The Fortran compiler supports several kinds of floating-point exceptions; a summary of their masked (or default) responses is given below:

The -fpe*n* option allows some control over the results of floating-point exceptions.

**-fpe0** restricts floating-point exceptions as follows:

- Enables the overflow, the divide-by-zero, and the invalid floating-point exceptions. The program will print an error message and abort if any of these exceptions occurs. If a floating-point underflow occurs, the result is set to zero and execution continues. This is called flush-to-zero. This option sets -IPF_fp_speculationstrict if no specific -IPF_fp_speculation option is specified. The -fpe0 option sets -ftz. To get more detailed location information about where the exception occurred, use -traceback.

**-fpe1** restricts only floating-point underflow:

- Floating-point overflow, floating-point divide-by-zero, and floating-point invalid produce exceptional values (NaN and signed Infinities) and execution continues. If a floating-point underflow occurs, the result is set to zero and execution continues. The -fpe1 option sets -ftz.

**-fpe3**, the default, allows full floating-point exception behavior:

- Floating overflow, floating divide-by-zero, and floating invalid produce exceptional values (NaN and signed Infinities) and execution continues. Floating underflow is gradual: denormalized values are produced until the result becomes 0.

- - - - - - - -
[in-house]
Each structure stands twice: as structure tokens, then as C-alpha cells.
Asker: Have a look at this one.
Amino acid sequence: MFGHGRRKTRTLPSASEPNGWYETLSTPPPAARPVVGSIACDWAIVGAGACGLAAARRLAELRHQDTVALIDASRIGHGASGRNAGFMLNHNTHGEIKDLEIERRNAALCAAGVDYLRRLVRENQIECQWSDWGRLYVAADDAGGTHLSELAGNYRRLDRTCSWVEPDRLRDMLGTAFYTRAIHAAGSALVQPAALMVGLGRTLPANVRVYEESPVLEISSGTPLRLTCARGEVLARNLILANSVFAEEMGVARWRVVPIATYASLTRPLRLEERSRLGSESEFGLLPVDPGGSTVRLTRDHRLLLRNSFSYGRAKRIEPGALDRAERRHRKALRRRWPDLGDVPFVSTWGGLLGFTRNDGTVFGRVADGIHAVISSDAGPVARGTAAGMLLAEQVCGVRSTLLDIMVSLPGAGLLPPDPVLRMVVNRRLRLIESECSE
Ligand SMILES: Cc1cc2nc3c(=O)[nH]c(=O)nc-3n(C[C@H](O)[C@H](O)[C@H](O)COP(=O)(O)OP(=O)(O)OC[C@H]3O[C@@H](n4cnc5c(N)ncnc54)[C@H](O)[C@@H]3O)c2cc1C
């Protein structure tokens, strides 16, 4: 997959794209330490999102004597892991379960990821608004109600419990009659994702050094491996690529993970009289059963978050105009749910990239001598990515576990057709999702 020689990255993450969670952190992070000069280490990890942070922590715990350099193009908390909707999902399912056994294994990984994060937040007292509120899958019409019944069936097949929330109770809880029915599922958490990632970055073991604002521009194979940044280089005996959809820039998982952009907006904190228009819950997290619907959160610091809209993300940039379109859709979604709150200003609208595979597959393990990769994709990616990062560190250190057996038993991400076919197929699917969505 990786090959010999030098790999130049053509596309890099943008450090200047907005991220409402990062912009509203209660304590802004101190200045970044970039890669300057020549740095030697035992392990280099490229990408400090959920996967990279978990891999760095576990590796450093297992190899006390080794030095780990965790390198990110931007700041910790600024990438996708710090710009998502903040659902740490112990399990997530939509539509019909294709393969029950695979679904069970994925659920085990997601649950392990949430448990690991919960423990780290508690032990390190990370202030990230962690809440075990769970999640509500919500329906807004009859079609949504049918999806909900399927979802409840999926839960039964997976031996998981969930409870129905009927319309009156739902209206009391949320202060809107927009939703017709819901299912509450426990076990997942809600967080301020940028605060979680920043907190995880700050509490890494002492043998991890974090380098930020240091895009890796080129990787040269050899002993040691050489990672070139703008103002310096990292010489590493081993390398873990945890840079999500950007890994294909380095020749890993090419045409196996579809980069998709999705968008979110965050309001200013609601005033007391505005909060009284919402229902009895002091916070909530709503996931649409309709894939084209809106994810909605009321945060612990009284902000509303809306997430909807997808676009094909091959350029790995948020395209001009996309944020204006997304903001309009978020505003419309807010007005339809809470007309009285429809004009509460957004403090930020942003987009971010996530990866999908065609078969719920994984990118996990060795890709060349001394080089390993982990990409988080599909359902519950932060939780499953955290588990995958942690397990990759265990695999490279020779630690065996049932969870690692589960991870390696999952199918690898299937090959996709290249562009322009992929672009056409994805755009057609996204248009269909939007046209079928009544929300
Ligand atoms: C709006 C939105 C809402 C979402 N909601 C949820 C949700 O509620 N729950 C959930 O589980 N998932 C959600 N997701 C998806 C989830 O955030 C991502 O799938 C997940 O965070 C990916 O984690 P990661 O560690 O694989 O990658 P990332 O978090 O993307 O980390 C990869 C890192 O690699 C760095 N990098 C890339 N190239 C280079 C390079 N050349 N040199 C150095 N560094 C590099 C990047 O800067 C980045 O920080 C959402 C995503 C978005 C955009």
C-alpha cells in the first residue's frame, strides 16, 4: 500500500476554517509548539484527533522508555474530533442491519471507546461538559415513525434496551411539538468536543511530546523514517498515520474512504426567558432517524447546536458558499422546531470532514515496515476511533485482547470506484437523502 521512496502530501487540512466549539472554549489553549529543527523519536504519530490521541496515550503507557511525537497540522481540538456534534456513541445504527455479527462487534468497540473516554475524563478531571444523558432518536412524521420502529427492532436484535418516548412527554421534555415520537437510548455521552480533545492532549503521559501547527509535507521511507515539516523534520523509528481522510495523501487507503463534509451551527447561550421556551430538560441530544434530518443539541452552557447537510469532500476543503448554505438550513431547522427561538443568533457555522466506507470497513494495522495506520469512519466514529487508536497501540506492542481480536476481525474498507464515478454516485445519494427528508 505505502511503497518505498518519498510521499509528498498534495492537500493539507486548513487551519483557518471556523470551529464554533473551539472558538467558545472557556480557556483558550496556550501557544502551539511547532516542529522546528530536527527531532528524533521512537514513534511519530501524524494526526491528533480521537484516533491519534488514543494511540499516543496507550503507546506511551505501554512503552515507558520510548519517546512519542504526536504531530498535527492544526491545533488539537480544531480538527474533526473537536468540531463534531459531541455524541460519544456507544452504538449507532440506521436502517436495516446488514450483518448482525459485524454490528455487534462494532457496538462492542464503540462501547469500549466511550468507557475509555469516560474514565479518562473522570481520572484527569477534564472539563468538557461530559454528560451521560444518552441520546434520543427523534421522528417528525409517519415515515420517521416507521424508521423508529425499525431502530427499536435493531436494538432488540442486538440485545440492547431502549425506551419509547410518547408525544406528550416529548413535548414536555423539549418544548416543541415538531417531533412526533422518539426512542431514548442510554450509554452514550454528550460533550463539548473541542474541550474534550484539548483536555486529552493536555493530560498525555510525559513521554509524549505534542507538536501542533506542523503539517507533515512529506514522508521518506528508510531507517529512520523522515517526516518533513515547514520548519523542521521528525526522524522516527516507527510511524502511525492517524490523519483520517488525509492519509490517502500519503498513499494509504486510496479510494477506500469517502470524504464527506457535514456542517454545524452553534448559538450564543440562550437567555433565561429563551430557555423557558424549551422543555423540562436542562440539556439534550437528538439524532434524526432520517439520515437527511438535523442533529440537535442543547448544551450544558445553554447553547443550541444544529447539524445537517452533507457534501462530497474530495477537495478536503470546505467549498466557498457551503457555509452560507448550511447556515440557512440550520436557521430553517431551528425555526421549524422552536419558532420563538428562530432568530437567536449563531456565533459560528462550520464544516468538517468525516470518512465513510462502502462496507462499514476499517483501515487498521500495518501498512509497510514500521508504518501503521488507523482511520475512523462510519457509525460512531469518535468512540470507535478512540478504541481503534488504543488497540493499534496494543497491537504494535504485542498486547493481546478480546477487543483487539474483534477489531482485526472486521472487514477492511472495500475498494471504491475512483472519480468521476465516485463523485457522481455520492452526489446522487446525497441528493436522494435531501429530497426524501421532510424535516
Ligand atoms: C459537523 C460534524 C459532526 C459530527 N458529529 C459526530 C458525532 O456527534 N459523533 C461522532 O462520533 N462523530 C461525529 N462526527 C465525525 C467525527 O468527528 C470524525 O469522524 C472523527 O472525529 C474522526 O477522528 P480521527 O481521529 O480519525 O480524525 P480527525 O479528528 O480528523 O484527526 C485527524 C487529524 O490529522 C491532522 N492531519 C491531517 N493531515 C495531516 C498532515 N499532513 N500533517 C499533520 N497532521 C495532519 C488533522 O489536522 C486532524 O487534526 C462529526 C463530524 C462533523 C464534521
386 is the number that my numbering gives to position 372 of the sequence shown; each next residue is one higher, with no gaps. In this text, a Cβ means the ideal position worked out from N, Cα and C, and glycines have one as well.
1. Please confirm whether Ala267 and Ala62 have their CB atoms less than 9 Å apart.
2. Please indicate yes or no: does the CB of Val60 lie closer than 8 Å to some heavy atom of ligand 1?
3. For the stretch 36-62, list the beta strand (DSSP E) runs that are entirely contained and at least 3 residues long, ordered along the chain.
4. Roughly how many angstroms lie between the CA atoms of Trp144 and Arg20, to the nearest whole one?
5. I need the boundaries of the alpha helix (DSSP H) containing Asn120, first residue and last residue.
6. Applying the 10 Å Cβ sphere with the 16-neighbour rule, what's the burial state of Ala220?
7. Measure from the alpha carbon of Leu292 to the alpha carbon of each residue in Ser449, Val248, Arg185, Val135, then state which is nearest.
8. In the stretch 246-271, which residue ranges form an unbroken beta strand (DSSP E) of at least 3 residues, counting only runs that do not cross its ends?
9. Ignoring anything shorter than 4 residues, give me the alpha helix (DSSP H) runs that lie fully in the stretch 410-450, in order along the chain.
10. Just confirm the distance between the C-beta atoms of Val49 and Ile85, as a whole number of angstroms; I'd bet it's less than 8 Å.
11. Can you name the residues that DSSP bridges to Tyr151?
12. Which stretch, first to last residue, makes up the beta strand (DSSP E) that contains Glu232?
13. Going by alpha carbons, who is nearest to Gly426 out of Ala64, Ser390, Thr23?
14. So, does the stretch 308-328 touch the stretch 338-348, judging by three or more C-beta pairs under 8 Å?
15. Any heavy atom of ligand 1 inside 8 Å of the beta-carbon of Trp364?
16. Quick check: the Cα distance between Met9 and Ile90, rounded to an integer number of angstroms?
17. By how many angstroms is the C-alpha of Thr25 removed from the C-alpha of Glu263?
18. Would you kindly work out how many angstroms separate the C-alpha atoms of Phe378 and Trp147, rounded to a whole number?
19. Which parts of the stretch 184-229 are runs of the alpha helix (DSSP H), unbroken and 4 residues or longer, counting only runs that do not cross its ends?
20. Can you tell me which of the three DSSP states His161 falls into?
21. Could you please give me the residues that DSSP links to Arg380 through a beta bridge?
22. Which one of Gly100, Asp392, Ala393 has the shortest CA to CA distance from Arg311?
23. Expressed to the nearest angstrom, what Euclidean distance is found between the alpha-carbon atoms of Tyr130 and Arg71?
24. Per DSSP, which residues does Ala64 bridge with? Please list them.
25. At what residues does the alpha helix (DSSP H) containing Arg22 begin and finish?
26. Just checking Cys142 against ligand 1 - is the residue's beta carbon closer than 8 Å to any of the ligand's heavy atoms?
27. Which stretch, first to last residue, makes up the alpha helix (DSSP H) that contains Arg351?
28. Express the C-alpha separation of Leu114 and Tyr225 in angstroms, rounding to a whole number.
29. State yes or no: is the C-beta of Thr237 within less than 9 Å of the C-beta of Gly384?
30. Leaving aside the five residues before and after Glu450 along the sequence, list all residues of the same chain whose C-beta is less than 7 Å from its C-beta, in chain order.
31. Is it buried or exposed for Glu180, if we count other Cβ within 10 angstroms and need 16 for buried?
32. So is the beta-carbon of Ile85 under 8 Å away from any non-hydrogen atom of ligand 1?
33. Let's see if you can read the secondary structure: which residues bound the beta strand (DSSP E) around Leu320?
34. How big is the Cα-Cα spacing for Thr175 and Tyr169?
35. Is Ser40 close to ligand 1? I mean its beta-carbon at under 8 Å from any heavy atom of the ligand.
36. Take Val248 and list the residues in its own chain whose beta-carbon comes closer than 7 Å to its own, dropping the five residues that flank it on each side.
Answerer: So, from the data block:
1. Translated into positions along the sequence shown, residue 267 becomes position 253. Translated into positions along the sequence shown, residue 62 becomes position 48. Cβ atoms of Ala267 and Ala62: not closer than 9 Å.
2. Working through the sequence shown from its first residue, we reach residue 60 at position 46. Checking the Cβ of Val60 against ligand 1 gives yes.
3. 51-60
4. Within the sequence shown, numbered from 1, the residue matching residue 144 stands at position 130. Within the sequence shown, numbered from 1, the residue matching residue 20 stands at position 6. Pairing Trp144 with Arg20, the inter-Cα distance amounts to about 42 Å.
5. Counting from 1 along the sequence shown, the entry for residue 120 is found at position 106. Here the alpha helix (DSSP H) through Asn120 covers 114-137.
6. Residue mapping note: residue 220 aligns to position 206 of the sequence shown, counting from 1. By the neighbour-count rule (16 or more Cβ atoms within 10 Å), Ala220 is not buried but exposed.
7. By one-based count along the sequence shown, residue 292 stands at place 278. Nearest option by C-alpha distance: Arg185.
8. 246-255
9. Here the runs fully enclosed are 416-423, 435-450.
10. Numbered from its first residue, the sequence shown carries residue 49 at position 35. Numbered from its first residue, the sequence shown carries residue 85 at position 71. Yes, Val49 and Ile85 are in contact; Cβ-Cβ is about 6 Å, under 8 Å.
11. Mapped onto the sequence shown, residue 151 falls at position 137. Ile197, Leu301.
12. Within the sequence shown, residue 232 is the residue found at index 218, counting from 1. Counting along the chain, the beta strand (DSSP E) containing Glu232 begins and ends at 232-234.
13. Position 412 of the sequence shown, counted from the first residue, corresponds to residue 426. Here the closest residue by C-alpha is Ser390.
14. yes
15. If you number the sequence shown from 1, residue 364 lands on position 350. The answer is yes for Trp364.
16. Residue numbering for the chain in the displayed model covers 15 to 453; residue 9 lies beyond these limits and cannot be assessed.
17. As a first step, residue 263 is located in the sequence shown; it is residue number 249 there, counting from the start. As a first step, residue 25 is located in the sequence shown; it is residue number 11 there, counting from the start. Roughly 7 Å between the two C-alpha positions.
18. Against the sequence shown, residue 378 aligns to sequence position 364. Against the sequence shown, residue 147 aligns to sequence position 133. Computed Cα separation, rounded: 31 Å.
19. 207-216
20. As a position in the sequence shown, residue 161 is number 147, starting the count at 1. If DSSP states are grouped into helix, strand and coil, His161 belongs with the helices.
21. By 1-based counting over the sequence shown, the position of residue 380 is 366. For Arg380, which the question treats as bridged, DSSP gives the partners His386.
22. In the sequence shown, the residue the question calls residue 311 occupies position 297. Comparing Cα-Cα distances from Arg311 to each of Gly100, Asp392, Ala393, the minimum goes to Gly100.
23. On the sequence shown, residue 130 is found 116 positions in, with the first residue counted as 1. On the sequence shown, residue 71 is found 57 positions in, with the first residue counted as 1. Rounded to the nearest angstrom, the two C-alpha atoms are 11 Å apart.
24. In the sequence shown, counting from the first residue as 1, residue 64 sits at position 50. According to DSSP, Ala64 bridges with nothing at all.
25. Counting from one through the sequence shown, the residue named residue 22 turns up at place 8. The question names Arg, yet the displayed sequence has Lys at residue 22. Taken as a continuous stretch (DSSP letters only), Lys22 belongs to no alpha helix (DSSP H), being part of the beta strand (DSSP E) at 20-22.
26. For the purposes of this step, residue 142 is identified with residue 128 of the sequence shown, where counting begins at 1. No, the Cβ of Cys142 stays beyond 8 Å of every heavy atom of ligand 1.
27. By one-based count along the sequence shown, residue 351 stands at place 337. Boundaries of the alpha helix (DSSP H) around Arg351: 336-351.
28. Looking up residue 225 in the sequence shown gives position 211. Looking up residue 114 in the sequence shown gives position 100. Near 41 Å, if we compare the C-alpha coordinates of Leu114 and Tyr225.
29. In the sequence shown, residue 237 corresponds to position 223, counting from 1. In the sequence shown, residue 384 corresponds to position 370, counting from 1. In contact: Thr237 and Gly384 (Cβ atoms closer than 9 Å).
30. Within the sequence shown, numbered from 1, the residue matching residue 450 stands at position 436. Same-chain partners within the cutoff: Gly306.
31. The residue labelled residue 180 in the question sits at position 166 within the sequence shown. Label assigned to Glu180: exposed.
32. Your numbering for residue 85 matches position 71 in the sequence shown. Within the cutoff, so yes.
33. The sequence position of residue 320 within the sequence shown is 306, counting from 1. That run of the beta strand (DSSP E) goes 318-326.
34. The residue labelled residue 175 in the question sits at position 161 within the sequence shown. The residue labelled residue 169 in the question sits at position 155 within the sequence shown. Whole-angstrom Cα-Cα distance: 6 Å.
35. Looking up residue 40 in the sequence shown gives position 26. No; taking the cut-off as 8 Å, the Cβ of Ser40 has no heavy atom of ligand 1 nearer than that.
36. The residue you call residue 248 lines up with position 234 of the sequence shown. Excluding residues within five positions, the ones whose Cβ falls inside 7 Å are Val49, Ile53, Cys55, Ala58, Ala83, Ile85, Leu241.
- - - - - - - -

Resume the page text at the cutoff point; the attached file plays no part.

The -fpe option affects the Fortran main program only. The floating-point exception behavior set by the Fortran main program remains in effect throughout the execution of the entire program unless changed by the programmer. If the main program is not Fortran, the user can use the Fortran intrinsic FOR_SET_FPE to set the floating-point exception behavior.

When compiling different routines in a program separately, you should use the same value of n in -fpe*n*.

An example follows:

IMPLICIT NONE

real*4 res_uflow, res_oflow

real*4 res_dbyz, res_inv

real*4 small, big, zero, scale

small = 1.0e-30

big = 1.0e30

zero = 0.0

scale = 1.0e-10

! IEEE underflow condition (Underflow Raised)

res_uflow = small * scale

write(6,100)”Underflow: “,small, ” *”, scale, ” = “, res_uflow

! IEEE overflow condition (Overflow Raised)

res_oflow = big * big

write(6,100)”Overflow: “, big, ” *”, big, ” = “, res_oflow

! IEEE divide-by-zero condition (Divide by Zero Raised)

res_dbyz = -big / zero

write(6,100)”Div-by-zero: “, -big, ” /”, zero, ” = “, res_dbyz

! IEEE invalid condition (Invalid Raised)

res_inv = zero / zero

write(6,100)”Invalid: “, zero, ” /”, zero, ” = “, res_inv

100 format(A14,E8.1,A2,E8.1,A2,E10.1)

end

Consider the following command line:

$ ifort fpe.f -fpe0 -g

The following output is produced:

$./a.out

Underflow: 0.1E-29 * 0.1E-09 = 0.0E+00

forrtl: error (72): floating overflow

Image PC Routine Line Source

a.out 0804A063 Unknown Unknown Unknown

a.out 08049E78 Unknown Unknown Unknown

Unknown B746B748 Unknown Unknown Unknown

a.out 08049D31 Unknown Unknown Unknown

Aborted

The following command line uses -fpe1:

$ifort fpe.f -fpe1 -g

The following output is produced:

$./a.out

Underflow: 0.1E-29 * 0.1E-09 = 0.0E+00

Overflow: 0.1E+31 * 0.1E+31 = Infinity

Div-by-zero: -0.1E+31 / 0.0E+00 = -Infinity

Invalid: 0.0E+00 / 0.0E+00 = NaN

The following command line uses -fpe3:

$ifort fpe.f -fpe3 -g

The following output is produced:

$./a.out

Underflow: 0.1E-29 * 0.1E-09 = 0.1E-39

Overflow: 0.1E+31 * 0.1E+31 = Infinity

Div-by-zero: -0.1E+31 / 0.0E+00 = -Infinity

Invalid: 0.0E+00 / 0.0E+00 = NaN